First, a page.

Mon, 05/18/2015 - 4:00pm
Lena WilliamsMay 18, 2015Right to Report

The Guild's Right to Report columnist, retired NY Times reporter Lena Williams, says the Tampa Bay Times should have told authorities in advance about the gyrocopter stunt that took place April 15. Williams says she's hesitant, like many journalists are, to second-guess other journalists' decisions and believes the reporter and editors "would not have condoned Hughes’ actions if they felt it would have endangered public lives or, for that matter, Hughes’ life. But the paper could not have known the outcome in advance. Hughes’ could have been shot down, a fear he himself considered and one that motivated him to contact the paper in the first place." Photo: video screen shot.

Featured Title: Should Paper Have Warned Authorities About Gyrocopter?

Strong Open-Government Reform Bills Pending in Kansas

Mon, 05/18/2015 - 11:23am
Deron LeeMay 18, 2015Columbia Journalism Review

Open-government reforms in Kansas are starting to become a regular thing—and the media can claim a good chunk of the credit. Last year, some inspired coverage by reporter Karen Dillon played a key role in changing state law to open up police records to the public. Now, Republican state Sen. Molly Baumgardner has introduced a bill, modeled on recommendations from state Attorney General Derek Schmidt, that would make emails by public officials about public business subject to the state’s open-records law, even if they are sent from private accounts. The proposal to close the email loophole comes after a separate bill giving the state attorney general expanded powers to enforce the open-records and open-meetings laws overwhelmingly passed both chambers of the legislature late last week.

Speak No Evil: Japanese Government Strong-Arming the Media

Mon, 05/18/2015 - 10:18am
StaffMay 18, 2015The Economist

With a weak opposition, an election in the bag and buoyant approval ratings, the government of Shinzo Abe, Japan’s prime minister, would hardly seem to have much to fight against. Yet it is waging an increasingly heavy-handed campaign to intimidate the media. Even pro-government journalists are crying foul. Discreet interventions by politicians have long been customary. But bullying recently broke into the open when a bureaucrat turned political gadfly, Shigeaki Koga, accused the government on a television show of strong-arming the media by securing his removal from “Hodo Station”, a news show owned by TV Asahi, a liberal broadcaster. The ruling Liberal Democratic Party (LDP) promptly proved Mr Koga’s point by grilling the programme’s producers over the outburst under the auspices of Japan’s broadcast law.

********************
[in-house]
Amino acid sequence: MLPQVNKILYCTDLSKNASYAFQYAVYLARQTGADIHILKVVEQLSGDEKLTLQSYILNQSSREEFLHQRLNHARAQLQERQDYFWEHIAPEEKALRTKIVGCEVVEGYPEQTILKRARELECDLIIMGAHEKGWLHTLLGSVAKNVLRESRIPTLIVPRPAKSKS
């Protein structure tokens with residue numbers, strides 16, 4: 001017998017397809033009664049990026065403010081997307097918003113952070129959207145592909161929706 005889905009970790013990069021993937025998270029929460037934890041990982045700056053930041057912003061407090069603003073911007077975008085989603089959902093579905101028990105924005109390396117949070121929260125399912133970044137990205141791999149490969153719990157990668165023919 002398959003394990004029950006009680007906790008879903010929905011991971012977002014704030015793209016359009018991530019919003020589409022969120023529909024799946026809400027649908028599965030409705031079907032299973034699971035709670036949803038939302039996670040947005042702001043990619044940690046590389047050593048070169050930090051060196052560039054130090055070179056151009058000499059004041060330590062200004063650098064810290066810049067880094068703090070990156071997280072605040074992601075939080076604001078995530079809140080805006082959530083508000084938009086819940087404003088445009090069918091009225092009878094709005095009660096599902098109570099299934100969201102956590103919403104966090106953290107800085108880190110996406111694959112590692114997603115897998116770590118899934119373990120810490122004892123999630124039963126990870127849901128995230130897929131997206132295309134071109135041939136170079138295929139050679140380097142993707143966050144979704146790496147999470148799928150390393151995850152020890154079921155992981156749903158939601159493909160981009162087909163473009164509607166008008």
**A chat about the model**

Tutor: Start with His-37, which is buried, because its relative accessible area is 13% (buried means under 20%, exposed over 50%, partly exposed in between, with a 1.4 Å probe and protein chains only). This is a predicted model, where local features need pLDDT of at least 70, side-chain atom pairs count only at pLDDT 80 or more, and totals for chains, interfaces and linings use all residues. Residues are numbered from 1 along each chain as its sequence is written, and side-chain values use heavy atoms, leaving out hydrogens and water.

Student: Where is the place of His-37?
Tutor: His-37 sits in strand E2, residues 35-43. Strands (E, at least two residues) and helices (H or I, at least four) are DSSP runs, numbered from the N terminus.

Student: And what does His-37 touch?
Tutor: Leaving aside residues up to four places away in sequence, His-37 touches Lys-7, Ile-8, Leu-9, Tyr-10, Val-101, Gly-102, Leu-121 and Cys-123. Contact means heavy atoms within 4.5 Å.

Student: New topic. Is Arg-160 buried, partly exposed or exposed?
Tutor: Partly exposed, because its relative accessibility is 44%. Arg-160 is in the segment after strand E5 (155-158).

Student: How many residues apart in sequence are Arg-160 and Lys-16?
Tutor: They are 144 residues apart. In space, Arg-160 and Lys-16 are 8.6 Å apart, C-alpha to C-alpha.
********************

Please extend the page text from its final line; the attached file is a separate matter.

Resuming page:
AP to Use Computers to Cover College Baseball Games

Thu, 05/14/2015 - 9:50am
Ed ShermanMay 14, 2015Poynter

On the surface, this lede hardly is memorable: “North Carolina grabbed the lead in the top of the 10th inning as a wild pitch by Clark Labitan allowed Colin Moran to score the go-ahead run. The Tar Heels held on to defeat Virginia Tech 9-8.” Jim Murray, it is not, but dig a bit deeper and the significance of this lede comes into clear focus. It wasn’t written by a reporter who covered a game. Instead, it was composed by a computer. Later this month, the Associated Press will be churning out similar computer-generated ledes and stories on college baseball in a new deal with the NCAA. The pact calls for AP to employ “automation technology” to cover college sports beyond big-time football and basketball, including those at the Division II and III level, that traditionally don’t receive coverage.